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          Retailers all at sea with cargo snarls

          By LIU YINMENG in Los Angeles | CHINA DAILY | Updated: 2022-08-25 09:40

          FILE PHOTO: Shipping containers are unloaded from a ship at a container terminal at the Port of Long Beach-Port of Los Angeles complex, in Los Angeles, California, US, April 7, 2021. [Photo/Agencies]

          Ships redirected from busiest US ports after wrong bets on consumer demand

          A surge in cargo spurred in part by retailers redirecting traffic from the West Coast gateways has caused backups of container ships at ports along the East Coast, adding to the growing supply chain congestion across the United States.

          Jock O'Connell, an international trade adviser at consultancy Beacon Economics, told China Daily that US ports "are congested because retailers continue to misread" the consumer market. "Earlier this year, retailers like Walmart, Home Depot and Amazon assumed that consumer demand would remain strong through the spring and summer months," he said. "But a spike in the inflation rate and signs of a possible recession made consumers more cautious about spending.

          "In effect, retailers clogged up the nation's supply chains in their efforts to satisfy a level of consumer demand that evaporated."

          Despite being stuck with excessive inventories, many major retailers are still importing more goods for the holiday shopping season in the upcoming months in the expectation that consumer spending will not be much affected by the impact of congressional midterm elections in November, O'Connell said.

          The peak shipping season usually starts in mid-August and continues through fall as retailers stock up for the holiday season. But this year, to avoid the traffic jam that took place at ports last year, many importers are ordering supplies early from Asia and Europe. A lot of the retailers have also rerouted their goods to East Coast ports to bypass the congestion at West Coast ports.

          In addition, importers are concerned about negotiations between dockworkers, their employers and ocean carriers at the West Coast ports. The parties started their talks in May in San Francisco, after an existing contract expired, but have yet to reach an agreement. They reportedly disagree over many issues such as workers' pay and the use of more robotic equipment on the docks.

          Labor strife that occurred during contract talks in 2002 and in 2014 left dozens of container ships waiting off the Southern California coast. As a result, importers reportedly are worried about possible strikes that will take place again in the West Coast ports, such as at the ports of Los Angeles and Long Beach, the country's busiest container port complex.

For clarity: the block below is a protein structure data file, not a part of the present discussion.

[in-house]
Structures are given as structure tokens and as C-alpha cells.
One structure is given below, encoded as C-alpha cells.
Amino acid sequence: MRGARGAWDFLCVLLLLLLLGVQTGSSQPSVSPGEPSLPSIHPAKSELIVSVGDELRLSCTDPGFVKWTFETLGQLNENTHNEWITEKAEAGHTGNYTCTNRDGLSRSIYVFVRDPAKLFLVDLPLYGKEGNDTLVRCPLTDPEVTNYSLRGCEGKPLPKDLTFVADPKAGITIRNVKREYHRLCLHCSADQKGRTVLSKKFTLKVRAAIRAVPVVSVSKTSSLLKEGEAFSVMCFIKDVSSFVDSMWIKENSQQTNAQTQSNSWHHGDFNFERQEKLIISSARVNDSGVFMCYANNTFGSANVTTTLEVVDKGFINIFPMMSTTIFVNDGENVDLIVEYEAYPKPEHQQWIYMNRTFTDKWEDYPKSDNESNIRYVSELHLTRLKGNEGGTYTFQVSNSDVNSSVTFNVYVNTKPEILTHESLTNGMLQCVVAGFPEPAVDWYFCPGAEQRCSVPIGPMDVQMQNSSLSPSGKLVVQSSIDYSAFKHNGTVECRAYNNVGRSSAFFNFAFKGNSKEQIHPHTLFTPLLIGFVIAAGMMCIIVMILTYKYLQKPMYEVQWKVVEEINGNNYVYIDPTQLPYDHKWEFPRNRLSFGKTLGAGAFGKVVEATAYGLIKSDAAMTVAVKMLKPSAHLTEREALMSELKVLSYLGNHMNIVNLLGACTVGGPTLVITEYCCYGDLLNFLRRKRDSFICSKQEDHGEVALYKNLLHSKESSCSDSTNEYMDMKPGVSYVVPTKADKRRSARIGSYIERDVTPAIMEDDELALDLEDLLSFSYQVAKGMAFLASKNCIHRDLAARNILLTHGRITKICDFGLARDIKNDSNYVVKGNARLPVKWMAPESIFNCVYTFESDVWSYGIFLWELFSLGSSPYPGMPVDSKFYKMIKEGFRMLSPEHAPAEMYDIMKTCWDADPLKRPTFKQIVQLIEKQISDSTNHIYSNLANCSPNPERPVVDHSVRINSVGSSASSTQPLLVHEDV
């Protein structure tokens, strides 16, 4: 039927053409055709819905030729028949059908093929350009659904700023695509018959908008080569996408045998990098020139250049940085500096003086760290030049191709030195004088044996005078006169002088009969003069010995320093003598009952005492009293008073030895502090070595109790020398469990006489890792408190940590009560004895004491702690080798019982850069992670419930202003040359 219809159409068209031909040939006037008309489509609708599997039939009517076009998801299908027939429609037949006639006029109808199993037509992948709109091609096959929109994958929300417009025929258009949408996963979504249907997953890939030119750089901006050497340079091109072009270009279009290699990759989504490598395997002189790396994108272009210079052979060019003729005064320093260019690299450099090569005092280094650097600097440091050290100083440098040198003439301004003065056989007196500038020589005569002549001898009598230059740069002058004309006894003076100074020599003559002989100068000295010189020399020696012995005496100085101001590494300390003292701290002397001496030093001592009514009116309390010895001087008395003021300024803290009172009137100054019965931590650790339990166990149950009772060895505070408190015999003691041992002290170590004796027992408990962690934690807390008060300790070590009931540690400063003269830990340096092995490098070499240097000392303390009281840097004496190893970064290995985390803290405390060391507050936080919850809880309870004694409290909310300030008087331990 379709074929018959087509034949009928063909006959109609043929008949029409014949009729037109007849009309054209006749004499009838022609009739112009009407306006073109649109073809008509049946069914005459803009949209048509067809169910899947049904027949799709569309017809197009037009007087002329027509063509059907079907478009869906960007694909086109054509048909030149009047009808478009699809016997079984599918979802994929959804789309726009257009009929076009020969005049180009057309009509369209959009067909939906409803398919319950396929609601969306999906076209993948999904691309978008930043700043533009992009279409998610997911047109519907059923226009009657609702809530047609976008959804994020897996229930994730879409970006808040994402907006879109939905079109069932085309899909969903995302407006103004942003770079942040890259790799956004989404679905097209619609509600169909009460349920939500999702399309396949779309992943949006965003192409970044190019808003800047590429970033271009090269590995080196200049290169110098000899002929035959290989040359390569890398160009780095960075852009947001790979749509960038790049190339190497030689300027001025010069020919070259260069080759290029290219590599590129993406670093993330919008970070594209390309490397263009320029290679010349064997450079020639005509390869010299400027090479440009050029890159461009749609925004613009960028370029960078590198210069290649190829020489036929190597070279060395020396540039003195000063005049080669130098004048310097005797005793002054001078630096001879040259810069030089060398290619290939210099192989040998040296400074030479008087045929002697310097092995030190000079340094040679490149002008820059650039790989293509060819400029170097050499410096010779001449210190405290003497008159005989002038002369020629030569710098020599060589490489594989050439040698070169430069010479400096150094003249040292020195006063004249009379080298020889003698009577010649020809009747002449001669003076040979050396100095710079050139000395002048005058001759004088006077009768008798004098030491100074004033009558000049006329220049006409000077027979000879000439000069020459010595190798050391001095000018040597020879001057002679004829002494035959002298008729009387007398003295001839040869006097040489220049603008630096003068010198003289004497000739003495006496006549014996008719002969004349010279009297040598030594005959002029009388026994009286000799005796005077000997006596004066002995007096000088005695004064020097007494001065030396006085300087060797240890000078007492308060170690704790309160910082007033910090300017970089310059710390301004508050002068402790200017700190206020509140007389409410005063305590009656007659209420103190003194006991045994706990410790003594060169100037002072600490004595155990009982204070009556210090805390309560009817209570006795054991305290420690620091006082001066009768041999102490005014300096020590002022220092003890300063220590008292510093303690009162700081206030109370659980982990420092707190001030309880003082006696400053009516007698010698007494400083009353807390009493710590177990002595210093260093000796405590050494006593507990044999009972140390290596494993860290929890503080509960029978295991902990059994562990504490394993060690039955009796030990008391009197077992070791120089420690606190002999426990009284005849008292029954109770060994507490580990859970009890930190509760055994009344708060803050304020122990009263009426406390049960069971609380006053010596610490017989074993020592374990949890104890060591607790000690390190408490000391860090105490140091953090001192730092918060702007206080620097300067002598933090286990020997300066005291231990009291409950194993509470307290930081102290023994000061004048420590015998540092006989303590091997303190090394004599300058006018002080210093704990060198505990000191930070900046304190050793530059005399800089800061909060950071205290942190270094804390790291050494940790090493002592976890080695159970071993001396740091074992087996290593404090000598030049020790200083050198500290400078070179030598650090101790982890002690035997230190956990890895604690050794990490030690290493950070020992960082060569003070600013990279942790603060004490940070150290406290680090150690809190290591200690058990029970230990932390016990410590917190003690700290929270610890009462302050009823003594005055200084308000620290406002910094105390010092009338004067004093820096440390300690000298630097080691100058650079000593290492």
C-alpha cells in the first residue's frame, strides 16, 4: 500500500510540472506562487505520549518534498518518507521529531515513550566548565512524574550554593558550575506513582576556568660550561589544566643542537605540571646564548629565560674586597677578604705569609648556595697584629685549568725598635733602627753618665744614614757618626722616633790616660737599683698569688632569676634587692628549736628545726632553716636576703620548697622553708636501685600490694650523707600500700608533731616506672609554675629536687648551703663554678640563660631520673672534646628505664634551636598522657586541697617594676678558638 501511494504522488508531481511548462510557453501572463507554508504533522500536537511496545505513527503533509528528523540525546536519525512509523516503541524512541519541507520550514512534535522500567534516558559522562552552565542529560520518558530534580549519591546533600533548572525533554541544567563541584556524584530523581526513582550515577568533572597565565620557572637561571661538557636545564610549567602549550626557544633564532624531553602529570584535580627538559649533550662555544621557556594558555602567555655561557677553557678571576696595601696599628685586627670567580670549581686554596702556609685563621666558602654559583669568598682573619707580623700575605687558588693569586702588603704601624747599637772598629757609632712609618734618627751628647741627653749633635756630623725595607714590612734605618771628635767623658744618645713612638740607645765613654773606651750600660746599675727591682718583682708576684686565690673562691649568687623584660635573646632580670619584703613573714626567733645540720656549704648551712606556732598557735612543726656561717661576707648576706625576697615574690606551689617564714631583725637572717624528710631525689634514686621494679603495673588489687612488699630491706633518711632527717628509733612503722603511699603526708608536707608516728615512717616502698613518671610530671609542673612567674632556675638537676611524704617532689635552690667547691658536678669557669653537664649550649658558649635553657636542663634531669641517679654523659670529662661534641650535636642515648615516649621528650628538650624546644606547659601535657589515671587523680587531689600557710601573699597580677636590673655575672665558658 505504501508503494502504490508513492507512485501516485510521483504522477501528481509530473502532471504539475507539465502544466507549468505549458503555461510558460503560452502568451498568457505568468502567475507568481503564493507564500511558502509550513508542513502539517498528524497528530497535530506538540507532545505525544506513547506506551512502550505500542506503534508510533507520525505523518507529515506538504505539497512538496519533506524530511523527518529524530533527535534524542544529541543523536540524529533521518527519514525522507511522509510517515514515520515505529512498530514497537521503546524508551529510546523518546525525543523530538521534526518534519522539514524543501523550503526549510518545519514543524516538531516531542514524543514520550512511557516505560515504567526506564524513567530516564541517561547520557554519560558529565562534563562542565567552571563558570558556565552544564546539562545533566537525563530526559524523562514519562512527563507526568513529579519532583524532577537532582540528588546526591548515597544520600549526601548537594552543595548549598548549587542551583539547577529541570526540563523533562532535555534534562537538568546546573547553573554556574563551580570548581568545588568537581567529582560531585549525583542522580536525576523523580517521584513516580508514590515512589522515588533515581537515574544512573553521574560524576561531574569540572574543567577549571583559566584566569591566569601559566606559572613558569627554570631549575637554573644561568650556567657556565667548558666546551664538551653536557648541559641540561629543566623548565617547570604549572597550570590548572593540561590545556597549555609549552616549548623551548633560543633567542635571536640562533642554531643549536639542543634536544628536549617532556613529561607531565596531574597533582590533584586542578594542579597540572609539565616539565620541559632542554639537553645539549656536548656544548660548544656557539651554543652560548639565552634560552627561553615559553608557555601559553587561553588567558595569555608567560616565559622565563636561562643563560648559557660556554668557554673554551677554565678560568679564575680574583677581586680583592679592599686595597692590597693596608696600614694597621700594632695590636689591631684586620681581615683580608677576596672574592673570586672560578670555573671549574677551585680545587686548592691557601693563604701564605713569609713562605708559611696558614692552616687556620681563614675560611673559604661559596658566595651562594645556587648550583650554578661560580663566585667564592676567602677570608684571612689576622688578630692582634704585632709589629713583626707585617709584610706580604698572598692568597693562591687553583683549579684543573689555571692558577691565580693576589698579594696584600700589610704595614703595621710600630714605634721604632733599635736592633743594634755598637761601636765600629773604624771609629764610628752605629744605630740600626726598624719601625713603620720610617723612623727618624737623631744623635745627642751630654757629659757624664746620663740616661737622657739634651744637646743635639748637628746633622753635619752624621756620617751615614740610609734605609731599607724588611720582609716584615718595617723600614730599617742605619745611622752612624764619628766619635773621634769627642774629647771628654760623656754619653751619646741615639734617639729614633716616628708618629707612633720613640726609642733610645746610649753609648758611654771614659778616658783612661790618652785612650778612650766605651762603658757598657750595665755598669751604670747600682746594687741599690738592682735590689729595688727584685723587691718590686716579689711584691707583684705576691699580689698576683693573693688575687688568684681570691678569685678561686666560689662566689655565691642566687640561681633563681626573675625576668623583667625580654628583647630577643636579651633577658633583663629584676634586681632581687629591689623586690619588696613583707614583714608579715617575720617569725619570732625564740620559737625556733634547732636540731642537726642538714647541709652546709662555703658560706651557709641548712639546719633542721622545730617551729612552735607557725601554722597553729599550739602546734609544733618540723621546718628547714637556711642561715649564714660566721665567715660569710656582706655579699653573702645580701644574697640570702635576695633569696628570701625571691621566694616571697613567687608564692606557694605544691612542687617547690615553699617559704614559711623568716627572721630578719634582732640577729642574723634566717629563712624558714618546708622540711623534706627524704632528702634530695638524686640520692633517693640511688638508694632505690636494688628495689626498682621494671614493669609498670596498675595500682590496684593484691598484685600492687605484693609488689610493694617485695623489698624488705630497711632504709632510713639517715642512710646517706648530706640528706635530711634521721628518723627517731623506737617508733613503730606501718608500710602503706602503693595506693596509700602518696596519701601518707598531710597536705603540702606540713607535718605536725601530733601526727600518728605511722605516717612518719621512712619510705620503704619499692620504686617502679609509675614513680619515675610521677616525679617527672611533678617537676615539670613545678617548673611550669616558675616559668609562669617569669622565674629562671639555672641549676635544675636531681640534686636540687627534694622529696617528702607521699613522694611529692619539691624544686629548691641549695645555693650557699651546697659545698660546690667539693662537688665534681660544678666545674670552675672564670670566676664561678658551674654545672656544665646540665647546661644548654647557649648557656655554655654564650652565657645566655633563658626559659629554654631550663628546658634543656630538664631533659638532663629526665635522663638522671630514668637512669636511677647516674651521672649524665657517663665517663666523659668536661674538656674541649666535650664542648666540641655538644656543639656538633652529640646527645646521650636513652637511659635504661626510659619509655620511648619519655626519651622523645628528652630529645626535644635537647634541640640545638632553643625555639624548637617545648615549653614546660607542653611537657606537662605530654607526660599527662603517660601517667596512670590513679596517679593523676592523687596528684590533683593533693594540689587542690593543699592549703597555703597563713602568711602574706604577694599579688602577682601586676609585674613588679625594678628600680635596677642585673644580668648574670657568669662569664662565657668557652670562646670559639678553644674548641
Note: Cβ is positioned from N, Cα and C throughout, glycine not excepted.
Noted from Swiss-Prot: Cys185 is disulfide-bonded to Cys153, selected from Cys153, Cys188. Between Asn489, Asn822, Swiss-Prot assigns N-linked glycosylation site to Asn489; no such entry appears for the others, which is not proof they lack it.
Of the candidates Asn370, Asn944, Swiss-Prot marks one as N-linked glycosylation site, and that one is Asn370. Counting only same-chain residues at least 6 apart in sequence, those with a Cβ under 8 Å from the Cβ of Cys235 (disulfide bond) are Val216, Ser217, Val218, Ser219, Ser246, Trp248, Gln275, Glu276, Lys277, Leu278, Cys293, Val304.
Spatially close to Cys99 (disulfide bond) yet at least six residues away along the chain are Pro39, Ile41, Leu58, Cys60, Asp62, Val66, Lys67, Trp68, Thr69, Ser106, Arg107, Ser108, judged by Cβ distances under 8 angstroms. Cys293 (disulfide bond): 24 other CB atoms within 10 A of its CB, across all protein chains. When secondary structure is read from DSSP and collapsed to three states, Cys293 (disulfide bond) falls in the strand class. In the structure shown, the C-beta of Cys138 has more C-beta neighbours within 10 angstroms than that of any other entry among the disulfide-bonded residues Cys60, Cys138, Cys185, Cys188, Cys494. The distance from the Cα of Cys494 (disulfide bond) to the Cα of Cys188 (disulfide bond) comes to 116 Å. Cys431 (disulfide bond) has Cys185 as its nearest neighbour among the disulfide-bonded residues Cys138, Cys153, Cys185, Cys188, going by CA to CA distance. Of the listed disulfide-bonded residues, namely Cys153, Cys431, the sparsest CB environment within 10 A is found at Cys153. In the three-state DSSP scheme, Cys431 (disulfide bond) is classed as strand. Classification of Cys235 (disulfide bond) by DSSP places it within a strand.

During the first five months of 2022, container ships at the Port of New York and New Jersey jumped 12 percent compared with the same period in 2021. Inbound traffic at the Port of Houston increased 24 percent over the period. In comparison, the combined volume of imports at the ports of Los Angeles and Long Beach grew 0.5 percent from January through May, according to an analysis by Beacon Economics.

          Major congestion

          In 2021, as demand for consumer goods surged during the pandemic, retailers rushed to restock inventories, leading to major congestion at West Coast ports. A record 100 ships were left waiting to anchor at the twin ports of Los Angeles and Long Beach at one time in October 2021. As of Tuesday, only 23 ships were waiting to dock, according to the Marine Exchange of Southern California.

          In a statement on Aug 2 announcing a new quarterly management fee for ocean carriers, to encourage timely removal of empty containers, officials at the Port of New York and New Jersey said the facility has been handling a cargo increase of nearly 12 percent for the year to date compared with the same period last year.

          "The Port of New York and New Jersey is facing record import volumes, leading to empty containers accumulating in and around the port complex that are now affecting the regional supply chain that is already under stress from various sources across the country," said Bethann Rooney, director of the port department at the Port Authority of New York and New Jersey.

          At the Port of Savannah in Georgia, the second-largest gateway on the East Coast, vessels at anchor peaked at 44 in mid-July, but that number started to decrease in early August. Currently, there are 40 ships at anchor.

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